“This is a place where everyone in the ecosystem needs to think about partnering and collaborating, because they’ve got to be sophisticated enough to play with all of the different rails — and it is not so easy considering they all operate under different rules,” Edwards said. “As a platform, it took Ingo eight years to tie all those rails together. It’s a big game and a big task — it is definitely not work for two guys sitting in a garage.”

So, who is it for? That’s the piece every ecosystem player needs to focus on — though what those pieces are vary by player.

For corporations looking to push payments instantly, the problem is one-to-many payments, and how to set up payees such that they can choose which set of rails they can seamlessly have funds pushed to. Financial institutions (FIs), he noted, are in some sense ideally situated to provide that service, considering they issue card products, are in the ACH network and have dedicated treasury functions. That gives them the pieces they need to make instant disbursements happen in a compliant, secure way, he said. What they need is a way to “stand all of that up together as a suite of options” to corporate (and eventually SMB) partners.

And, he said, this must be done with an eye toward timing, so to speak, because the innovation history of the last decade or so is that when FIs fall behind, FinTechs jump in to make the offerings in their place.

The platform players, like Ingo Money, on the other hand, have a different set of challenges to meet — mainly in building that connective tissue between the financial services institutions in a way that is compliant with regulations and secure when it comes to all of that non-public consumer data. That’s a big job in a world where payments are happening instantly and irreversibly — and one, Edwards noted, that has almost no margin for error.

“I was having dinner with one of our partners at a bank recently, and things have been rolling out smoothly and I jokingly asked him what we had to do to screw this up,” Edwards said. “And what he told me without missing a beat is that all would be great as long as he doesn’t read in a newspaper that I allowed all of their data to be hacked.”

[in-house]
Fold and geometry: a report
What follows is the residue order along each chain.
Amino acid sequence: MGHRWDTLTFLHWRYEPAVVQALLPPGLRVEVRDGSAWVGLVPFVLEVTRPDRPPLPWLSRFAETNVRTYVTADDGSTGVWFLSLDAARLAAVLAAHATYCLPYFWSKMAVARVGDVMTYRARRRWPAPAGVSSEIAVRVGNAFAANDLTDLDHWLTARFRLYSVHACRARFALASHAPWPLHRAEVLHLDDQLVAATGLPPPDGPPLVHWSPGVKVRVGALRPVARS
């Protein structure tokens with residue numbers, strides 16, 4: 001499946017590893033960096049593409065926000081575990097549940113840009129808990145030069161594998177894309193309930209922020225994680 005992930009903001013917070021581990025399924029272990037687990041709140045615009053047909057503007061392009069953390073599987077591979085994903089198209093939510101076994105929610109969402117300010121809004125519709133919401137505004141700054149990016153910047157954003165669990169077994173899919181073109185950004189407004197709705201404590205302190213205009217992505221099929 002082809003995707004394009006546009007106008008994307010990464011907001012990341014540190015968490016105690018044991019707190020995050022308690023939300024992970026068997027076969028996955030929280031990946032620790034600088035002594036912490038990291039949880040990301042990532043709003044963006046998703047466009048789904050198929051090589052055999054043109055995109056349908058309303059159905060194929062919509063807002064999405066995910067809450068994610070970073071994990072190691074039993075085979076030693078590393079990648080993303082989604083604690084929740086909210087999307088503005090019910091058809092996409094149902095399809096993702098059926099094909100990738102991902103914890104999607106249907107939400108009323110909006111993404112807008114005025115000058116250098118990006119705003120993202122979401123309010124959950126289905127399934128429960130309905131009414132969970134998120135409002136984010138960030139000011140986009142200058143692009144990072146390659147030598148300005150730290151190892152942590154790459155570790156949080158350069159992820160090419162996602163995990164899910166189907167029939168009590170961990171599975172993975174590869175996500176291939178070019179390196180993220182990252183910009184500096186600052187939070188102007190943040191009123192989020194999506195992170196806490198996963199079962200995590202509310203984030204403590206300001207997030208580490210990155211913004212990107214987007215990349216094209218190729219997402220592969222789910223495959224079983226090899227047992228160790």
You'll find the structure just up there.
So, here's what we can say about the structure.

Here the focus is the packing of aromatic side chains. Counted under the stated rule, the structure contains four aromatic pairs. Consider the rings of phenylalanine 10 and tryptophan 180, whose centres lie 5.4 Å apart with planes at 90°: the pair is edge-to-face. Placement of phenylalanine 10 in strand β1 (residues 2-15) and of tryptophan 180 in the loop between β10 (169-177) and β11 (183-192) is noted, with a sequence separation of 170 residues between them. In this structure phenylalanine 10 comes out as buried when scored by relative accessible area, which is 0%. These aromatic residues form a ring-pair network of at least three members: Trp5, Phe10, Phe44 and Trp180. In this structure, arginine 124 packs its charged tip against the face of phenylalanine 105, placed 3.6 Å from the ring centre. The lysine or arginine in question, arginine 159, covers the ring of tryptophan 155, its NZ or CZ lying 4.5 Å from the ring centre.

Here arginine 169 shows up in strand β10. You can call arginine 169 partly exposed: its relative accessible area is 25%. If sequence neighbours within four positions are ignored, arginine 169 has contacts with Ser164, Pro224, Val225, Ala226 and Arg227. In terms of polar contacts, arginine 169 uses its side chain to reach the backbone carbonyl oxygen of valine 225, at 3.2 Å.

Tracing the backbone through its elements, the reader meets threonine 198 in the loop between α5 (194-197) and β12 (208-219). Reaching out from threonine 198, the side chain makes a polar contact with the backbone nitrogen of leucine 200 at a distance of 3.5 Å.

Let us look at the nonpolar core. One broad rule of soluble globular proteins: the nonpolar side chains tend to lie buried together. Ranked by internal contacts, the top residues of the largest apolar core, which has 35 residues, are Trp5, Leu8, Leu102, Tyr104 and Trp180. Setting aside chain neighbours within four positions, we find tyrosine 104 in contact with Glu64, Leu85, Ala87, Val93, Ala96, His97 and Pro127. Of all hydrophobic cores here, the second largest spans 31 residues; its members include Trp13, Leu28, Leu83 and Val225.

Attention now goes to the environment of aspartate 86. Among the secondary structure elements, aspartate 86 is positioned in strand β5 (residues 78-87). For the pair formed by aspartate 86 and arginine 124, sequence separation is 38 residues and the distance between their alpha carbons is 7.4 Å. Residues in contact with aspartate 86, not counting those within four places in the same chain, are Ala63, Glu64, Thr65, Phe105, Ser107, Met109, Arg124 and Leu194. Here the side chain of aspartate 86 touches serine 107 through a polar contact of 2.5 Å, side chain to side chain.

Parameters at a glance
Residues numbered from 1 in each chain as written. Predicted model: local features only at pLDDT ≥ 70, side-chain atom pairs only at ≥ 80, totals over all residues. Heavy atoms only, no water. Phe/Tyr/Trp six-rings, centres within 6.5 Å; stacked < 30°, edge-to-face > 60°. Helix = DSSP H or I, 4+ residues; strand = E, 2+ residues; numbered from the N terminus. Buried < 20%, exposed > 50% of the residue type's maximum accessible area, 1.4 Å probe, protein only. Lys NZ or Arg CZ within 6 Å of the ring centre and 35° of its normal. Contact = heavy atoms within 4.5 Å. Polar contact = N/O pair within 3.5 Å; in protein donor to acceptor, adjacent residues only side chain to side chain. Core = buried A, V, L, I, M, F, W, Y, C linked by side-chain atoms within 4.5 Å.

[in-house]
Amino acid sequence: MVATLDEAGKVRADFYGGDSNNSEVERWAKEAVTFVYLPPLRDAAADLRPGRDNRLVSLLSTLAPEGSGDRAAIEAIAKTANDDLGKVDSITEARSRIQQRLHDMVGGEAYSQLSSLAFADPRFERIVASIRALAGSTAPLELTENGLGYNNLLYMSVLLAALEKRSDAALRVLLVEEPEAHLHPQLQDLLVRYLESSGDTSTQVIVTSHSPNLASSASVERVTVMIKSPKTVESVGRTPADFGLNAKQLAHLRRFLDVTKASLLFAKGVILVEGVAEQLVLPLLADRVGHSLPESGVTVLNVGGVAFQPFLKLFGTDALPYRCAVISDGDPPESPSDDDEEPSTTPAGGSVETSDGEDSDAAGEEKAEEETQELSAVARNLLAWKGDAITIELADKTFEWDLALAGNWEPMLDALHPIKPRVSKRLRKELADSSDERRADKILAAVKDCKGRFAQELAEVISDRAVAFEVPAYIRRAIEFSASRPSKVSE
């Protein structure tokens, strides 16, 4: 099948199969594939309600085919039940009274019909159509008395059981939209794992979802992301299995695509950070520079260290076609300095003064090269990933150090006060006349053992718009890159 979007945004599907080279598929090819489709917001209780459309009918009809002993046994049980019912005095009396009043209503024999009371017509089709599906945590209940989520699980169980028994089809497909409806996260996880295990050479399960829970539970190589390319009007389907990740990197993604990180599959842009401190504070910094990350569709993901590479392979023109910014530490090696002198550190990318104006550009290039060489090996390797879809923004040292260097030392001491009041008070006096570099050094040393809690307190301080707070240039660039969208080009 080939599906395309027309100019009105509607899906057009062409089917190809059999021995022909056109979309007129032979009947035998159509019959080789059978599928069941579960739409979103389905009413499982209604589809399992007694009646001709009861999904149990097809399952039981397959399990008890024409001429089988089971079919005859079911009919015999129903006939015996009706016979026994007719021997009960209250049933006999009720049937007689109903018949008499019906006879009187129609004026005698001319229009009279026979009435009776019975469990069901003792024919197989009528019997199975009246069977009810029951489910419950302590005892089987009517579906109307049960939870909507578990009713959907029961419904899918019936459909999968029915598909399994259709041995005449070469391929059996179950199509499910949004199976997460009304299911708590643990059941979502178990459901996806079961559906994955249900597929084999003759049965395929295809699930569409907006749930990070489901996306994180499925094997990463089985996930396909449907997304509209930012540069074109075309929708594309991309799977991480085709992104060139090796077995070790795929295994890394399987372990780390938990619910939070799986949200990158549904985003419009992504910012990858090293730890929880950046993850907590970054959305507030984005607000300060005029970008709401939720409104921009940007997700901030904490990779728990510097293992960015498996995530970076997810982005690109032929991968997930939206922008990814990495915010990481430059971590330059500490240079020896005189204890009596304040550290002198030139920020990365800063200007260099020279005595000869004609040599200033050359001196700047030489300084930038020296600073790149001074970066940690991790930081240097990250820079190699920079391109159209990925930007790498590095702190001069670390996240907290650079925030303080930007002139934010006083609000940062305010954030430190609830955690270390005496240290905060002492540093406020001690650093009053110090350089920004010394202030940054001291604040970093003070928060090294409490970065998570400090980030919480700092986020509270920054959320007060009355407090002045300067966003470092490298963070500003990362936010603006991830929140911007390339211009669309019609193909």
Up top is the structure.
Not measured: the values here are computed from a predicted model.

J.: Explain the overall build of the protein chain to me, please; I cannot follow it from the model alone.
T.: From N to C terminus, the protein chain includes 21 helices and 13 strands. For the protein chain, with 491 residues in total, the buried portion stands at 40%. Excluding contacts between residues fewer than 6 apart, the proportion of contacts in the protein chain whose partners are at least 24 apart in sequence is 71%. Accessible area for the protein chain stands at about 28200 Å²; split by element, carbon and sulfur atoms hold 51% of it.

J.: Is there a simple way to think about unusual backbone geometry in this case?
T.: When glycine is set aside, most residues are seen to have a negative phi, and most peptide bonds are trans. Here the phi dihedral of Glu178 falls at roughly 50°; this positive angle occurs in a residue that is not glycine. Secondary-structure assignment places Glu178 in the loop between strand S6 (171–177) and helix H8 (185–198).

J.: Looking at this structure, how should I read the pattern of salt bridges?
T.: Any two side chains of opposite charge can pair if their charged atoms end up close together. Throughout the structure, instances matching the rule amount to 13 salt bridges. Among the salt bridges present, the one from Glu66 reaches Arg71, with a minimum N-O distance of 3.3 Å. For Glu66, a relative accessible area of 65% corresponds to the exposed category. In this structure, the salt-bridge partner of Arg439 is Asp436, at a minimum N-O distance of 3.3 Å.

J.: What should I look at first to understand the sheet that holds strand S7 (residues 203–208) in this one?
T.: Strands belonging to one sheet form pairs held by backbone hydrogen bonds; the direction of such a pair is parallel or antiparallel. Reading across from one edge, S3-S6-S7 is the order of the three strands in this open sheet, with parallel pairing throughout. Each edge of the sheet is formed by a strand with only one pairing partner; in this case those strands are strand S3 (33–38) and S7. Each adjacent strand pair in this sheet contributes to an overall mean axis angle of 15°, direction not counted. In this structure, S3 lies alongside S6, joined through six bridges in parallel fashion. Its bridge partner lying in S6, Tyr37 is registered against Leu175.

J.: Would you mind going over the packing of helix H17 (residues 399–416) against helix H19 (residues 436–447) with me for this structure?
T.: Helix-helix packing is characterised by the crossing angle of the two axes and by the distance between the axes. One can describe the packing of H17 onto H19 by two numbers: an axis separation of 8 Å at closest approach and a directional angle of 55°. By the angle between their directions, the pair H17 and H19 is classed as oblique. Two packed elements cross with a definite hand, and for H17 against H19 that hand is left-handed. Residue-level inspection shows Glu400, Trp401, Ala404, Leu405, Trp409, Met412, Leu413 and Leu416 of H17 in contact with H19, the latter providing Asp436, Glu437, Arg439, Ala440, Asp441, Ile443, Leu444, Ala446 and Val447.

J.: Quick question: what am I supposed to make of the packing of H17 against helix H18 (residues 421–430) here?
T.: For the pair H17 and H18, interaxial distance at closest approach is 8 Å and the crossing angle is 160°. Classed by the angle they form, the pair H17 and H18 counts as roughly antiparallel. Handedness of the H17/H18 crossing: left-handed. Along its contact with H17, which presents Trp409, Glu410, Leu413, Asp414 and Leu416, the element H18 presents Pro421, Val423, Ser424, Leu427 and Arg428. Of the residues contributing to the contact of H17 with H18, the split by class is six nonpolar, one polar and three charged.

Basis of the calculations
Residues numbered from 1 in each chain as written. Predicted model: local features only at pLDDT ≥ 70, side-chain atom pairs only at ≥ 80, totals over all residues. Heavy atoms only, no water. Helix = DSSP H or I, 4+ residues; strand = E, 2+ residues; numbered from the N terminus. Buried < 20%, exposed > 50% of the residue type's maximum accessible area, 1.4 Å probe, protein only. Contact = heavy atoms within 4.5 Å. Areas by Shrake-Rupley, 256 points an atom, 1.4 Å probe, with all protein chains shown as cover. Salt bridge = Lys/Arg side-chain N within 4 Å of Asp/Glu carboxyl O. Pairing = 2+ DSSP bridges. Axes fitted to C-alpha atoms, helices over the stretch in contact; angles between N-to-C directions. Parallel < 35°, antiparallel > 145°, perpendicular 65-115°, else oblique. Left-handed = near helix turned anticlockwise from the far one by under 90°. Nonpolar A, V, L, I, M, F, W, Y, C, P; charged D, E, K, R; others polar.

And finally, he said, the card networks’ role is changing in the instant payments ecosystem. Thus far, he said, they have done a tremendous job in building push payment rails like Visa Direct or Mastercard Send and an even better job of evangelizing them and bringing the concept into the mainstream.

“Now I believe that the market is moving, and they’ve helped prime the pump. The obvious focus for them is how to improve authentication, acceptance rates, dollar sizes and the like. There are a lot of tools we need them to bring to market to further enhance and bolster this emerging ecosystem,” he said.

What Comes Next

For all the progress that instant payments have made over the last five years, there is an awful lot of heavy lifting left for the industry moving forward. Serving SMBs as payers — as opposed to mainly as receivers of payments — is one of the next big open frontiers to conquer, he said, once the world of smokestack industries and large corporate treasury departments are dealt with. He suspects there will also soon be changes emerging in the world of regular W2 payroll that will match the instant payments that are happening in the gig economy.

And these changes will come, Edwards said, first and foremost because it is what consumers want — and the biggest lesson of the digital commerce ecosystem is that what end-users want is usually what ends up driving innovation. Choice, collaboration and a willingness to evolve are the starting points on how to instant today, Edwards said.

What will be worth watching tomorrow is all the new things corporates, FIs and FinTechs will build once they’ve got it down and start using it to iterate the next generation of innovations.